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Button and Coin Batteries

The Australian Government has introduced four mandatory standards to reduce the risk of death and injury associated with the use of button and coin batteries. The standards apply to both button cell and coin cell batteries, and to the products that include them.

About button/coin batteries

Button/coin batteries are flat, round single cell batteries. They are typically up to 32 mm diameter, and range in height from 1–11 mm. 

In Australia and around the world, there is a growing record of serious injuries and deaths of children from these batteries. 

Button/coin batteries generally operate using one of four chemistries: lithium, alkaline, silver oxide and zinc-air.

Lithium batteries pose the highest risk. They are usually larger, which means that they are more likely to become stuck in a child’s throat. Their higher voltage means they can cause tissue damage more quickly.

Find out more about button batteries, risks, and advice for parents and caregivers.

Standards and resources

We’ve produced summaries of each of the four mandatory standards:

These summaries include links to the full standards.

For suppliers, we also have:

What’s in scope

The safety and information standards apply to both:

  • button/coin batteries
  • products containing button/coin batteries which are supplied to consumers.

They explain how products and their packaging should be designed, and the warnings and safety information that must be provided with them.

What’s out of scope

The standards don’t apply to these kinds of batteries:

  • zinc-air batteries intended for use in hearing aids
  • button/coin batteries supplied in bulk to trades, professions or industries, and are not intended for sale to the public

These standards don’t apply to these kinds of products that contain button/coin batteries:

  • hearing aids
  • consumer goods that were first supplied to a consumer before the requirements became mandatory
  • professional equipment where all of the following apply:
    • the equipment is intended to be used in trades, professions or industries
    • the equipment is not intended for sale to the general public
    • the equipment is not intended to be used where children are present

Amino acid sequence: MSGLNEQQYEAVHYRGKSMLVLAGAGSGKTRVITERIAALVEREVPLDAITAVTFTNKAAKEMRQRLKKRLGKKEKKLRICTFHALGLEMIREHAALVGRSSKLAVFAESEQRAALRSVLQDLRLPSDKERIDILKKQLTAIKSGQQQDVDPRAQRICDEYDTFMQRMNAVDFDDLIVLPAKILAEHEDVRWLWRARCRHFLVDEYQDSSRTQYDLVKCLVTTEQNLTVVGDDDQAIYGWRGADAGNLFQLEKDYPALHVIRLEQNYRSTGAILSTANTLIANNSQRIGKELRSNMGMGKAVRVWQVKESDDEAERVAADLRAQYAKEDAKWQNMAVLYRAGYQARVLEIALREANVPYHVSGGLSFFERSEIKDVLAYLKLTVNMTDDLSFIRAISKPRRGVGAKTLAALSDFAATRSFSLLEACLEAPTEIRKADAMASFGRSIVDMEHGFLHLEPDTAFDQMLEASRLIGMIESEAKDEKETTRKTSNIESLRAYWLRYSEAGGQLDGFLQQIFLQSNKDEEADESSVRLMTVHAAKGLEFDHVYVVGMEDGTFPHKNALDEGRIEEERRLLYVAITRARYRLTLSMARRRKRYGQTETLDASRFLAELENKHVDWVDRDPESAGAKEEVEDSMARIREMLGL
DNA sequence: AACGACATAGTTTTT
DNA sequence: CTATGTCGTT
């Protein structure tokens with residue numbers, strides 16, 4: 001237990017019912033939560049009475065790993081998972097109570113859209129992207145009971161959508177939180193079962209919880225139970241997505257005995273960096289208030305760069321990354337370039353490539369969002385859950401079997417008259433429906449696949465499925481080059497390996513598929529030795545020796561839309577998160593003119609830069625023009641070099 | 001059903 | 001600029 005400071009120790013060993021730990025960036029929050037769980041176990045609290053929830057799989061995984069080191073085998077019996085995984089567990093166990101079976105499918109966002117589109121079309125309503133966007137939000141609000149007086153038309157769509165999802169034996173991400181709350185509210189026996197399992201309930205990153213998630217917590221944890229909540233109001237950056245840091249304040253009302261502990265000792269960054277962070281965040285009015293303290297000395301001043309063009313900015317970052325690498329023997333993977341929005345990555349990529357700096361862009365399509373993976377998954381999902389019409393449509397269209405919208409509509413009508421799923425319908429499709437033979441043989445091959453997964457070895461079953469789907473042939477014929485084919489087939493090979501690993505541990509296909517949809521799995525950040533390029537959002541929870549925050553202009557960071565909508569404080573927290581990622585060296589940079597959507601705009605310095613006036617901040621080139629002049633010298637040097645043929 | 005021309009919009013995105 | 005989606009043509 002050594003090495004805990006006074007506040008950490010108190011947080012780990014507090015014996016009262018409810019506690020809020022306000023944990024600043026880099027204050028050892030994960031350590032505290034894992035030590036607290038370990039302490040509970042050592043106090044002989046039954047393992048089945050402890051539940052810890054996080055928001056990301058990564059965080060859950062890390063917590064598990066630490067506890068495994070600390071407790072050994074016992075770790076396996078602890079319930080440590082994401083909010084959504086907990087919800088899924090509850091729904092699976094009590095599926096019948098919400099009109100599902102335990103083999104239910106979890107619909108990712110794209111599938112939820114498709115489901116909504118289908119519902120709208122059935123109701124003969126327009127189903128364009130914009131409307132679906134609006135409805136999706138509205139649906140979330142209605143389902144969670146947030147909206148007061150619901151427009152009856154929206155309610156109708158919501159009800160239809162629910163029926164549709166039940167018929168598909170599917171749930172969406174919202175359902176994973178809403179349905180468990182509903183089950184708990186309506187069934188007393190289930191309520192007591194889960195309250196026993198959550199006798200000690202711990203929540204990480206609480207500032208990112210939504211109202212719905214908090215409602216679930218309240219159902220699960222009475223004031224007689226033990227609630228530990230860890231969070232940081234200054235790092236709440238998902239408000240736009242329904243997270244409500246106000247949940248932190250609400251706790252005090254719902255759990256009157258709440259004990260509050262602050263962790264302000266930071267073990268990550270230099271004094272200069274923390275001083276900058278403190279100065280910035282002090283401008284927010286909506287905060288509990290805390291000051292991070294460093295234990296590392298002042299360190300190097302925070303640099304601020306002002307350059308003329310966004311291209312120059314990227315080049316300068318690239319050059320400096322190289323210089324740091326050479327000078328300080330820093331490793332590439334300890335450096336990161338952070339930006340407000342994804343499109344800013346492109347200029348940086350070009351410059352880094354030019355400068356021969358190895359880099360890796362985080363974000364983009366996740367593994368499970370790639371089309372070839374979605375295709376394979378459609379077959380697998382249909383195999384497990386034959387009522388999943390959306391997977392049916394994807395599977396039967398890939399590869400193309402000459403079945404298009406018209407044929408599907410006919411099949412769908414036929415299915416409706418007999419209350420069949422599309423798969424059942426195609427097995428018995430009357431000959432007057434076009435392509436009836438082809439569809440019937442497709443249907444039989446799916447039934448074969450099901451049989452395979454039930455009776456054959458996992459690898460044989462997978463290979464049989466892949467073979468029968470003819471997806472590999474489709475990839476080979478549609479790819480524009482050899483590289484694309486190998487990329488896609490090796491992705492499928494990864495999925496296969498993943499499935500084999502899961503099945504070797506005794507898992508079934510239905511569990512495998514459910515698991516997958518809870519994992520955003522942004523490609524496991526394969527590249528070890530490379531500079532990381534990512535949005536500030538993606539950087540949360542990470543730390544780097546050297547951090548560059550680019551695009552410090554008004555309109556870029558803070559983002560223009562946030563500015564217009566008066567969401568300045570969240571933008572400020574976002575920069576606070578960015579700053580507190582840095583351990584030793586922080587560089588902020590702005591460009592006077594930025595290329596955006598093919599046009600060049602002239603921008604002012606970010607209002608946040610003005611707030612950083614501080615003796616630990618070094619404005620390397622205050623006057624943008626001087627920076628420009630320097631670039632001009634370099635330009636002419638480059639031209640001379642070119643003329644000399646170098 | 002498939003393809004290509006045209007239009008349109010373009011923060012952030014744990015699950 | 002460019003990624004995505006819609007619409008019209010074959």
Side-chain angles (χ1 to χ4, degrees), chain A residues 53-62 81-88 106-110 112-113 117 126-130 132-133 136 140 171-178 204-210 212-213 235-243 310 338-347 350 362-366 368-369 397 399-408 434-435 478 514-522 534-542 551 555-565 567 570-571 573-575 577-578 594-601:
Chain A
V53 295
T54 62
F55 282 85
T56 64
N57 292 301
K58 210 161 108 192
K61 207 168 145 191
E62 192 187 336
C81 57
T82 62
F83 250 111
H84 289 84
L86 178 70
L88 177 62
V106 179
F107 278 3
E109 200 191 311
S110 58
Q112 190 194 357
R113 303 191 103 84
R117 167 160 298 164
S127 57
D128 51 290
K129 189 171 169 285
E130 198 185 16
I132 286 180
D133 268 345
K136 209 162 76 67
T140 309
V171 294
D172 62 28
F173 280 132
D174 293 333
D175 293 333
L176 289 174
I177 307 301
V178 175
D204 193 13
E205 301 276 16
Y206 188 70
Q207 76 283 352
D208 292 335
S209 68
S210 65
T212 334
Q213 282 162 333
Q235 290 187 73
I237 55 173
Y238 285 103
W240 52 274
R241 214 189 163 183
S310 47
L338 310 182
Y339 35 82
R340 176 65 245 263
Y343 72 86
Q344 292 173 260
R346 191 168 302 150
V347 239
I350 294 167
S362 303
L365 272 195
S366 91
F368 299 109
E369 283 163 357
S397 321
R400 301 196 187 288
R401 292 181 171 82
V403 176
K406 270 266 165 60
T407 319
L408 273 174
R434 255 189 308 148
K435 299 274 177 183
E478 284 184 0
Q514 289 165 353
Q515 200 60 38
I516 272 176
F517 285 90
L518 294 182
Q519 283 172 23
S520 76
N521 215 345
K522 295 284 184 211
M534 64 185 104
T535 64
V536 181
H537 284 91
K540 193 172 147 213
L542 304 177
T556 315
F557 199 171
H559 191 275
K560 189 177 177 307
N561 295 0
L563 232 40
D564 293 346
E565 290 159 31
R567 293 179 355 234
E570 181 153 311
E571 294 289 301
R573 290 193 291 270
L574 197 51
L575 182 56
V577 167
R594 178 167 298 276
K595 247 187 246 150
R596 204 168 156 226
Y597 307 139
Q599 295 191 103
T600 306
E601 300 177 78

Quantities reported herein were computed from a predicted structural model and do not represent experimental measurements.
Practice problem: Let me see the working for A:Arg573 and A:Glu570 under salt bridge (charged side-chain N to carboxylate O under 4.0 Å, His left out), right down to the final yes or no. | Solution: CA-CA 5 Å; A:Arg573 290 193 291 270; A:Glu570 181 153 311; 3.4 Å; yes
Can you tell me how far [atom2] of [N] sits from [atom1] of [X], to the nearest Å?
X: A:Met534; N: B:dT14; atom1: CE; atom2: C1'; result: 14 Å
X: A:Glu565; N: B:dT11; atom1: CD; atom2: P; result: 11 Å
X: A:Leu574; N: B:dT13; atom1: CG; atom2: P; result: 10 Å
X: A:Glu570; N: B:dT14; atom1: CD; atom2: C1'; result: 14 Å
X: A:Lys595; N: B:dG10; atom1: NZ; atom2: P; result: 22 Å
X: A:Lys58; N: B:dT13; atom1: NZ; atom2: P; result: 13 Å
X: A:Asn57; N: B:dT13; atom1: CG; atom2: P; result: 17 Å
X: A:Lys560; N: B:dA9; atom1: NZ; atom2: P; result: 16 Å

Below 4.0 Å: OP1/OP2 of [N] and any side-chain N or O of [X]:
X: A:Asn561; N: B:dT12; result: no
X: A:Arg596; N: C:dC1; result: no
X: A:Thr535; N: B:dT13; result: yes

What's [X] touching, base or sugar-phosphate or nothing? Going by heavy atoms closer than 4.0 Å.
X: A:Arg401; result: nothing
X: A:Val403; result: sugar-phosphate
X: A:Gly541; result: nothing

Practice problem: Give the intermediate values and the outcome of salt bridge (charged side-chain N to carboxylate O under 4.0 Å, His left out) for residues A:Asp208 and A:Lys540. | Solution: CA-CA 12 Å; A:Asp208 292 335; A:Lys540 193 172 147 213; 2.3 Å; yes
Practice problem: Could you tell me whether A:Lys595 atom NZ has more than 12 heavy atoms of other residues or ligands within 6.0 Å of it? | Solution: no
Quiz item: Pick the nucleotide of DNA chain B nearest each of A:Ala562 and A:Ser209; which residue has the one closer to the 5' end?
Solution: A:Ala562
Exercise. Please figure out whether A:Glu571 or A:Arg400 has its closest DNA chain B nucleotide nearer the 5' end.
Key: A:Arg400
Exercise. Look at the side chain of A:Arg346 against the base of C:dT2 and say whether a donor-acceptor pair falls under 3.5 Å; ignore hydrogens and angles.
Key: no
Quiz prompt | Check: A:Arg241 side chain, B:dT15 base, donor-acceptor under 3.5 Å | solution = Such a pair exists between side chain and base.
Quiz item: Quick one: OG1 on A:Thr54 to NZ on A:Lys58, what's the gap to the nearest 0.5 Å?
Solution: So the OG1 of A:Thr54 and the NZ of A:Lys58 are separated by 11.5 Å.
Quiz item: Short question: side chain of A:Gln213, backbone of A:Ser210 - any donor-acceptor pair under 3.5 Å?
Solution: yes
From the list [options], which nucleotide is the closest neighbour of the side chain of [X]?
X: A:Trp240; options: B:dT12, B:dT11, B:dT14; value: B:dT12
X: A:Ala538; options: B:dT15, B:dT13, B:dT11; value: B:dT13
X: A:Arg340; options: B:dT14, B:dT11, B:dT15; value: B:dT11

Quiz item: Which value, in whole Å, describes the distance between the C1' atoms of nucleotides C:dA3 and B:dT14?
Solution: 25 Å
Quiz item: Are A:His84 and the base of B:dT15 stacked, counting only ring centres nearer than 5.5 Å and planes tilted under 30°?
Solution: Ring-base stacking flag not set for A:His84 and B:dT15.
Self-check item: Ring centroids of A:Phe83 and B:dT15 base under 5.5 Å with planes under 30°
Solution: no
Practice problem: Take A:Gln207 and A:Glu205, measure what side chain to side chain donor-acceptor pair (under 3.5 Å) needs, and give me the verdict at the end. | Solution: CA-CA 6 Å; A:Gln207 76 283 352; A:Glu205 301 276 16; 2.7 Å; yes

• audio-visual and information and communications technology equipment containing button/coin batteries that are soldered in place.

The standards don’t cover in-store displays. However, there’s a voluntary industry code for suppliers of button batteries that contains recommendations about store displays.

The standards don’t define any requirements for the disposal and recycling of batteries, because that isn’t related to the product’s safety. However, they do recommend that you provide information about how consumers can safely dispose of batteries.

Who’s responsible

All participants in the supply chain are responsible for complying with these new safety and information standards.

Suppliers

You are considered a supplier if you manufacture, import, distribute or retail button/coin batteries or consumer goods containing button/coin batteries within Australia or for the Australian market.

The ACCC

Our role is to identify and address the risk of serious injury and death from safety hazards in consumer products.

We are conducting market surveillance to make sure that button/coin batteries, and products containing them, meet the requirements of the standards.

We will consider taking enforcement action if a non-compliant product is offered for supply to consumers. Enforcement action can range from issuing infringement notices to commencing court action seeking penalties and other orders.

For more information on our approach to compliance and enforcement, see our Compliance and Enforcement Policy.

Sourcing products

 When sourcing products, you should ask your supplier:

  • if the products meet all of the requirements in the button battery standards
  • if the factory from which your products are sourced has been audited regularly to ensure that proper controls are in place
  • for compliance test reports from the manufacturer/wholesaler, or commission your own tests (where possible) to be performed by a suitably accredited laboratory
  • for a pre-shipment inspection to be performed before the products are released for shipment

Test your products

You need to test your products to show that they comply with the standards. 

You can engage a third party to do compliance testing, or do the compliance testing in-house. If you test in-house, you should consider the possible legal implications.

The 2 safety standards explain which tests are acceptable. They allow some flexibility in how you choose to test your product.

We don’t recommend specific testing laboratories that businesses can use, but we do encourage you to read our general guidance on product safety testing.